Software helps yerba mate growers with economic planning
Dec. 9, 2016
The world production of yerba mate (Ilex paraguariensis) is concentrated in three South American countries: Brazil, Argentina, and Paraguay. The Brazilian production of green yerba mate is approximately 935,000 tons, while that of Argentina is 778,000 tons and Paraguay is 85,000 tons.
In Brazil, the State of Paraná is the largest producer, with 512,412 tons, followed by Rio Grande do Sul, with 296,437 tons, and Santa Catarina, with 123,810 tons. Brazilian yerba mate is exported on a small scale to 30 countries, and the largest importer is Uruguay. There are approximately 700 beneficiary industries and some 150,000 small farmers located in more than 480 municipalities, providing around 700,000 jobs.
Approximately 80% of the Brazilian production of yerba mate is destined for the domestic market, 96% of which is consumed as chimarrão and 4% in the form of teas and other uses. However, there is a large market with potential, mainly outside Brazil. Several countries have discovered the potential of yerba mate to make other products, such as teas, energy, food supplements, cosmetics, other types of drinks, and cleaning products. These countries have created demand for raw materials from Brazil and Argentina. Therefore, there is ample scope in serving these markets, both for the supply of raw materials and for the manufacture of new products.
The plant's chemical composition includes healthy compounds of interest, and many applications can be foreseen, which could expand the market and increase the added value of the product, provided it is exploited under new industrialization standards.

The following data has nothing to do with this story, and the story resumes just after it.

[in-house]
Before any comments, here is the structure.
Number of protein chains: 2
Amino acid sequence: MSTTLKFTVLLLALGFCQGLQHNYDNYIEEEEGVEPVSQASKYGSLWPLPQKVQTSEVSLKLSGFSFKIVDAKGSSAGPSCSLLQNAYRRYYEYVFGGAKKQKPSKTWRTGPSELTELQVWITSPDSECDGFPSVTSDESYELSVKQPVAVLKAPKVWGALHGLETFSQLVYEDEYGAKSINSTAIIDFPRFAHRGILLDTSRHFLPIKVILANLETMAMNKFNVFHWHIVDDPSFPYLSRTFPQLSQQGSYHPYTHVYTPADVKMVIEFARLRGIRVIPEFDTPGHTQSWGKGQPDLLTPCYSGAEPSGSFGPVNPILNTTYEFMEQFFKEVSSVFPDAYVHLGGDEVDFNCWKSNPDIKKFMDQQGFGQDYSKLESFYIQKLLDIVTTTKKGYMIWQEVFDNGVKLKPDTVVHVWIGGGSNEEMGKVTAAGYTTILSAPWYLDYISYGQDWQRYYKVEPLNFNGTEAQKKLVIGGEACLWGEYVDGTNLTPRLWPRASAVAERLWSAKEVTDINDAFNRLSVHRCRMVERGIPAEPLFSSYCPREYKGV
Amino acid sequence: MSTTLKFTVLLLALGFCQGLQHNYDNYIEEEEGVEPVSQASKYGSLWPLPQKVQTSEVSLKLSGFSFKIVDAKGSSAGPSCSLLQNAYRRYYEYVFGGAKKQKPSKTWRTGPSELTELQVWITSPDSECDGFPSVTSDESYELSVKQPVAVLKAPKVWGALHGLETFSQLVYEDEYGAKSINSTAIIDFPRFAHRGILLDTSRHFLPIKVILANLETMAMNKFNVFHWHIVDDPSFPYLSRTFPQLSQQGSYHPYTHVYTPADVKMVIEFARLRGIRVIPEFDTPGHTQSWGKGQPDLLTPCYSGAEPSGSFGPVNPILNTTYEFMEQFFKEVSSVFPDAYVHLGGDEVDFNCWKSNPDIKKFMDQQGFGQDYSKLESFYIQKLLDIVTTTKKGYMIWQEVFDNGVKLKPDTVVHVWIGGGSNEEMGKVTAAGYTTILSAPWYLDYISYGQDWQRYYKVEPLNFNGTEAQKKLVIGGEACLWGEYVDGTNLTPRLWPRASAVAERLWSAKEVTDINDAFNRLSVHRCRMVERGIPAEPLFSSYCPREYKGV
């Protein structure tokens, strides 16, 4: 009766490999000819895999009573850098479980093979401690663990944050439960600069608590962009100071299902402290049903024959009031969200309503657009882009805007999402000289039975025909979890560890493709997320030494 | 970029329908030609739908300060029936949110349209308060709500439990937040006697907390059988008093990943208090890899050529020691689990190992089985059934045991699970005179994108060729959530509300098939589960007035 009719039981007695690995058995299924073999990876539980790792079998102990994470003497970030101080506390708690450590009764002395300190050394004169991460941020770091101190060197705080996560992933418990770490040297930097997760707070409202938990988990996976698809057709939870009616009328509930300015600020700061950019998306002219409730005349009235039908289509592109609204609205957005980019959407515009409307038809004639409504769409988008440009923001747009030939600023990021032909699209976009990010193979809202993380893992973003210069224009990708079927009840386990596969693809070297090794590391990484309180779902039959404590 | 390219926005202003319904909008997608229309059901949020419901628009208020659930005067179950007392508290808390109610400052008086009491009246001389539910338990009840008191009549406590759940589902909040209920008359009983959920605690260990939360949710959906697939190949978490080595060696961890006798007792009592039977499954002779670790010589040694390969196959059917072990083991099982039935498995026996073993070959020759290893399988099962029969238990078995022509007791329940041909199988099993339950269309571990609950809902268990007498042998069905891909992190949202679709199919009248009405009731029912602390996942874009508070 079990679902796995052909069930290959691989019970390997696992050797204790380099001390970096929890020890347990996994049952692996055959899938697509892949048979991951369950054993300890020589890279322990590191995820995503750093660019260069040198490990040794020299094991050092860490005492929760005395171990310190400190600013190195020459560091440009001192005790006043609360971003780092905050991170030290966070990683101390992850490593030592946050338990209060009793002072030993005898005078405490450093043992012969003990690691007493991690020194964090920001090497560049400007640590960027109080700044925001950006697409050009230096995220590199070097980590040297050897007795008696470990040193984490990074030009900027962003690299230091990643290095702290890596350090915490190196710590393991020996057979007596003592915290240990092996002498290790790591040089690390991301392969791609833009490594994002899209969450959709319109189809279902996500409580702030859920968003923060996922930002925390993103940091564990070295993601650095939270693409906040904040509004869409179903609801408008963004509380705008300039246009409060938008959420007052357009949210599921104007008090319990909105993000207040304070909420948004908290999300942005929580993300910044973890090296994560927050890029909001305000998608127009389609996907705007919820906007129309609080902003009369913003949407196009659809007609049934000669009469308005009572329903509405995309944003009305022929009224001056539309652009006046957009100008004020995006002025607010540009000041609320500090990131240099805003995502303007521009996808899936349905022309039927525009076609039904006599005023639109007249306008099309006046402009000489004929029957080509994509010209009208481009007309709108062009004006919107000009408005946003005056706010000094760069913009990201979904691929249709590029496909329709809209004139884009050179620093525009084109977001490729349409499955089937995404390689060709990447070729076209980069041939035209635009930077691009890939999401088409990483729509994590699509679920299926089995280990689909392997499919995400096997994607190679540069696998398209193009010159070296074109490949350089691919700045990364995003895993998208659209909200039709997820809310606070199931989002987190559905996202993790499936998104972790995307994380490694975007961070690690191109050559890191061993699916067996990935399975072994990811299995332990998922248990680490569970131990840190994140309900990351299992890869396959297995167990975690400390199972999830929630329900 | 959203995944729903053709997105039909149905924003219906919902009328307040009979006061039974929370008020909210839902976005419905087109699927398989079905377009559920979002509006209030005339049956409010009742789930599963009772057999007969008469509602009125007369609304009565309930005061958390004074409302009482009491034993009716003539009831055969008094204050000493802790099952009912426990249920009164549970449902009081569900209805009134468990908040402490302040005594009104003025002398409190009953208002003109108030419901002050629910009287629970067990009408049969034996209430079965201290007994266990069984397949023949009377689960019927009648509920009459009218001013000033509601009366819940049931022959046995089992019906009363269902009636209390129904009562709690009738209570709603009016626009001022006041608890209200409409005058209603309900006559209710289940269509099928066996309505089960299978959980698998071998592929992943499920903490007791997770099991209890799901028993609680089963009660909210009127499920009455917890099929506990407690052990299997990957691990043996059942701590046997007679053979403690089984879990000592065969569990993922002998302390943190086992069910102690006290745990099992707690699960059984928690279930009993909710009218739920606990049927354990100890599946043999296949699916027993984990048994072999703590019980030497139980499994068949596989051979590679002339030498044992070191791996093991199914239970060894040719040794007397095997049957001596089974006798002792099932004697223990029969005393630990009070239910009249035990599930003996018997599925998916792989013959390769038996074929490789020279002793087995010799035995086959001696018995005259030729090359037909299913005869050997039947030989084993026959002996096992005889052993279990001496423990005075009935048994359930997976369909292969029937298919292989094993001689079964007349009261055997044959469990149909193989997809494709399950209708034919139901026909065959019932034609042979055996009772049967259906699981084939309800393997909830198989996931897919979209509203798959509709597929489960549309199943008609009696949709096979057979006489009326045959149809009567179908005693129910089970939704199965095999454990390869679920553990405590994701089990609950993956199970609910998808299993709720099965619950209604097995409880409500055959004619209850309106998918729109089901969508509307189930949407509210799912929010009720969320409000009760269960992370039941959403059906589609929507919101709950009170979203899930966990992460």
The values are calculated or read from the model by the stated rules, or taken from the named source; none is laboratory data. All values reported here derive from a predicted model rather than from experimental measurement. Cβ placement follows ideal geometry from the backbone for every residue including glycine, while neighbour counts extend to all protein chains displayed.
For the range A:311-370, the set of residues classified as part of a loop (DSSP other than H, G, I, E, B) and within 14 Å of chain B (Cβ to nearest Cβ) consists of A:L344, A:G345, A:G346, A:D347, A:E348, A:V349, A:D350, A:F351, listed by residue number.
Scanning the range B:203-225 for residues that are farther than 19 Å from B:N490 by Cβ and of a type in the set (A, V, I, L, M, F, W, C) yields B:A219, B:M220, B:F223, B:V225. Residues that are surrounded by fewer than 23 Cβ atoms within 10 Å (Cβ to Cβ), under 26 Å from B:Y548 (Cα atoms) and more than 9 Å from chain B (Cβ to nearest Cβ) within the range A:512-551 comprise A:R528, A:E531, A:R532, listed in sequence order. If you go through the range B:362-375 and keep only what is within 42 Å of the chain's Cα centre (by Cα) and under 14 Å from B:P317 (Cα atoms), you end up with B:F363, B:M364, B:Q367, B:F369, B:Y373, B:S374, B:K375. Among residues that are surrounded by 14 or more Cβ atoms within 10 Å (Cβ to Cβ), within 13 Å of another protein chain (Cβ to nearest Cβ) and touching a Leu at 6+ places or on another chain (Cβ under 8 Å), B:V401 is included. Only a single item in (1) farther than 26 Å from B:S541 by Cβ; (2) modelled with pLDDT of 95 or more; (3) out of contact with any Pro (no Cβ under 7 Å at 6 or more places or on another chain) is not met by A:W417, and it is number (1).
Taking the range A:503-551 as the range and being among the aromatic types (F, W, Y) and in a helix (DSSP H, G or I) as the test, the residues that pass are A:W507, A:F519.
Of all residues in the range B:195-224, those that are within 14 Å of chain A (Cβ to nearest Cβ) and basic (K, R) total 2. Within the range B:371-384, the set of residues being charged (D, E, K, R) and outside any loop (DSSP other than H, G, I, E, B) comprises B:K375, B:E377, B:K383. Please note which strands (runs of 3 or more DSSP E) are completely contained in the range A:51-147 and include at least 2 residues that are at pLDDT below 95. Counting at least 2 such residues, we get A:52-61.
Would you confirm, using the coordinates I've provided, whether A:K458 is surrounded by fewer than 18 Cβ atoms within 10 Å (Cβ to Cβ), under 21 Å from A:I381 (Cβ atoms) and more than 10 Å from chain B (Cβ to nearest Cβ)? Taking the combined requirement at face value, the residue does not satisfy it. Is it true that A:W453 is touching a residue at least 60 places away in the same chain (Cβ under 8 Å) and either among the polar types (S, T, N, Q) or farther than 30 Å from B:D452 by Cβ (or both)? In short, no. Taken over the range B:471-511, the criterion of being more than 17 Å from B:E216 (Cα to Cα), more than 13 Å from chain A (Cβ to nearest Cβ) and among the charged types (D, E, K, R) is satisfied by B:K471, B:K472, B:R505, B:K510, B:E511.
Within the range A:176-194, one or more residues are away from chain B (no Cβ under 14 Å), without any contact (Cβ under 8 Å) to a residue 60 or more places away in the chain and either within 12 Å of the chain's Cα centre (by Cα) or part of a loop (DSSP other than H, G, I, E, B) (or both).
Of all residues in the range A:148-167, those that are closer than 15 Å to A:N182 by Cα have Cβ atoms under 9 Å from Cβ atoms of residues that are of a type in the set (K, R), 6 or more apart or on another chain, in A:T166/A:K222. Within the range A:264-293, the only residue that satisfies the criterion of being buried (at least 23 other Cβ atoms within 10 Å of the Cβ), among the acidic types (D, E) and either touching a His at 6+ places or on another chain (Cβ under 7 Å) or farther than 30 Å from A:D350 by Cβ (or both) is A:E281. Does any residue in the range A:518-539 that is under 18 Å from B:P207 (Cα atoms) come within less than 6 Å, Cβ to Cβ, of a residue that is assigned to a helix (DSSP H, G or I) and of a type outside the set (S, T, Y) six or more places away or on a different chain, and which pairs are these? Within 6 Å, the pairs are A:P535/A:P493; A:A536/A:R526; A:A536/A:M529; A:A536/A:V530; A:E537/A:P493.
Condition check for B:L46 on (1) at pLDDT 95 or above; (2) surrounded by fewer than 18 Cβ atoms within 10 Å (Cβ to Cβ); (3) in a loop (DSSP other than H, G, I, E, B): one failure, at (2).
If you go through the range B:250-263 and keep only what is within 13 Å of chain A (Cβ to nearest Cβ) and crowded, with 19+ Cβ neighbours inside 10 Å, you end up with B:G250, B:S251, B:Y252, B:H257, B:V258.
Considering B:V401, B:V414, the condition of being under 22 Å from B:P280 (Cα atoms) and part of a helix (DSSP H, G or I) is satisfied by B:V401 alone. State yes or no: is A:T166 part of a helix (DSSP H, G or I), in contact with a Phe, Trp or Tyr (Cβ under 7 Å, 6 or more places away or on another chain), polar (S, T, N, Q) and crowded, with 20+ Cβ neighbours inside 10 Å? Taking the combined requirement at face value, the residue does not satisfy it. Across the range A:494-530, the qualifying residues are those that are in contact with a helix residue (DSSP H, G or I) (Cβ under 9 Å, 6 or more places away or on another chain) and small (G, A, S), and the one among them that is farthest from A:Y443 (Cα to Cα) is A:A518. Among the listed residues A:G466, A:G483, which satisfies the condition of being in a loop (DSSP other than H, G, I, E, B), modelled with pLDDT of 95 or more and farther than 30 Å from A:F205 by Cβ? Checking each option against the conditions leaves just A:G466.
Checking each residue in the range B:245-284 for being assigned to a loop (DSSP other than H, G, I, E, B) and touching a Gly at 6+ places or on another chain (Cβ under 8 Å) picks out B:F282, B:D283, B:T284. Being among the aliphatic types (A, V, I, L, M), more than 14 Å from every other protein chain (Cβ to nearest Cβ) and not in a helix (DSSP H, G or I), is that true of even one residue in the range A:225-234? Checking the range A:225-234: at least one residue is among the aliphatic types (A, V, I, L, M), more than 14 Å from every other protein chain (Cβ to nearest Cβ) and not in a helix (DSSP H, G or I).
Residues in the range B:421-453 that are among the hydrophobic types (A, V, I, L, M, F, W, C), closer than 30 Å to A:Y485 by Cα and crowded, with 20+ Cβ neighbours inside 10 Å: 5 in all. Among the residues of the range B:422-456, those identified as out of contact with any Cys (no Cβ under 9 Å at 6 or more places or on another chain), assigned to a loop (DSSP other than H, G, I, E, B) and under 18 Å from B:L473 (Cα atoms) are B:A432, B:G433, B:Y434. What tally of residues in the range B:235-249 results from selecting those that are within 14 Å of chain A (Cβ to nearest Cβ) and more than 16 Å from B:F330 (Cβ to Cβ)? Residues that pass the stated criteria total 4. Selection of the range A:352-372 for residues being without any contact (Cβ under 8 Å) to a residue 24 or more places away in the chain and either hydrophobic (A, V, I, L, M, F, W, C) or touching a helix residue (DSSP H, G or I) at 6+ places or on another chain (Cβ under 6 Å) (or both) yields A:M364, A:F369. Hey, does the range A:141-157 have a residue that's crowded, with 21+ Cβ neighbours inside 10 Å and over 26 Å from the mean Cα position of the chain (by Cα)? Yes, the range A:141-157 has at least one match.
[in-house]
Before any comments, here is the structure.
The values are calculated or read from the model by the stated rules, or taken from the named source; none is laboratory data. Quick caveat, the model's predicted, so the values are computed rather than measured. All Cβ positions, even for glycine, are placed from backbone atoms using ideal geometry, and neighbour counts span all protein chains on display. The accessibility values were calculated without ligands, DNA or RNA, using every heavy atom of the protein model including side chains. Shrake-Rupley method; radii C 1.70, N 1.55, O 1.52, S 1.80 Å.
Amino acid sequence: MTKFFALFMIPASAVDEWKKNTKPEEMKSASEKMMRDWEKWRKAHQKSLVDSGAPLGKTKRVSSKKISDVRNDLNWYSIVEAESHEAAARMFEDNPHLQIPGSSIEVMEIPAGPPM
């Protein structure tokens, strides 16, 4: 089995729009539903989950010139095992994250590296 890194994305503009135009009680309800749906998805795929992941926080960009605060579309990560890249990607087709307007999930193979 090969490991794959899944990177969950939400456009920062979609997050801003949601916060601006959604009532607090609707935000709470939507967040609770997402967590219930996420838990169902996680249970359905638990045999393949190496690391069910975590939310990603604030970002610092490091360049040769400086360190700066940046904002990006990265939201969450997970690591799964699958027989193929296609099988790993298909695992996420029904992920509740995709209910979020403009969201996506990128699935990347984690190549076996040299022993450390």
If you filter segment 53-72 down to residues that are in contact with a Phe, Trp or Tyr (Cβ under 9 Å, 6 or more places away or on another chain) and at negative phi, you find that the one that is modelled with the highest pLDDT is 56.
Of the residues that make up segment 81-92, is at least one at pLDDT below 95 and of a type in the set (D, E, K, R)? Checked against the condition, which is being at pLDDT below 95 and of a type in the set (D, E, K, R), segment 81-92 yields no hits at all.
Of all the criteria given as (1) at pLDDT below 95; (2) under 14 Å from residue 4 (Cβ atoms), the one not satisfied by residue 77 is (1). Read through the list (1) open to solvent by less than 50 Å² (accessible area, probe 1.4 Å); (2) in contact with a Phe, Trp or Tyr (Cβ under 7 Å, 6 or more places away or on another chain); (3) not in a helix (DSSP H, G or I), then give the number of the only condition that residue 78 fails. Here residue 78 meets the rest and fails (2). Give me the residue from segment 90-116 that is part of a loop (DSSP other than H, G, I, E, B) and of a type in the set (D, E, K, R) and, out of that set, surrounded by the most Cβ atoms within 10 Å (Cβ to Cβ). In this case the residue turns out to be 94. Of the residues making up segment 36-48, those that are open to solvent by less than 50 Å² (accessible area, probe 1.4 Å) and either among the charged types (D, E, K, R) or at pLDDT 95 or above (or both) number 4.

Historically, it has been a key crop for the economy of many municipalities in the south of Brazil. However, the forestry sector, which was once responsible for an economic cycle in which it was called the "Green Gold," went through a long period of stagnation, with a consequent drop in investments and the development of technologies. With the potential for new product development and discovery by the international market, the industry needs to innovate to meet these new demands.
Embrapa Florestas (PR) has just made available the Planin_Matte software, which allows the economic analysis of yerba mate plantations, taking into consideration the various segments of operational costs of implantation, maintenance, management, and harvesting the crop. Aimed at the producer, the system helps to control cash flows and performs evaluations according to the economic-financial analysis criteria most used in agribusiness. "With this system, we intend to help the yerba mate producer with decision-making for management and planning activities related to their plantations," explained an Embrapa technician.
The tool is free and can be downloaded from the Embrapa Florestas website. Planin_Matte is derived from the Planin software, which is widely used by the planted forests sector for economic analyses. According to Edilson Batista de Oliveira, the Embrapa Florestas researcher responsible for the software's development, the system was adjusted to meet the peculiarities of the yerba mate culture.
The user provides cost and production data, and the system calculates the most commonly used economic analysis parameters for the evaluation of weed production during different harvesting periods.
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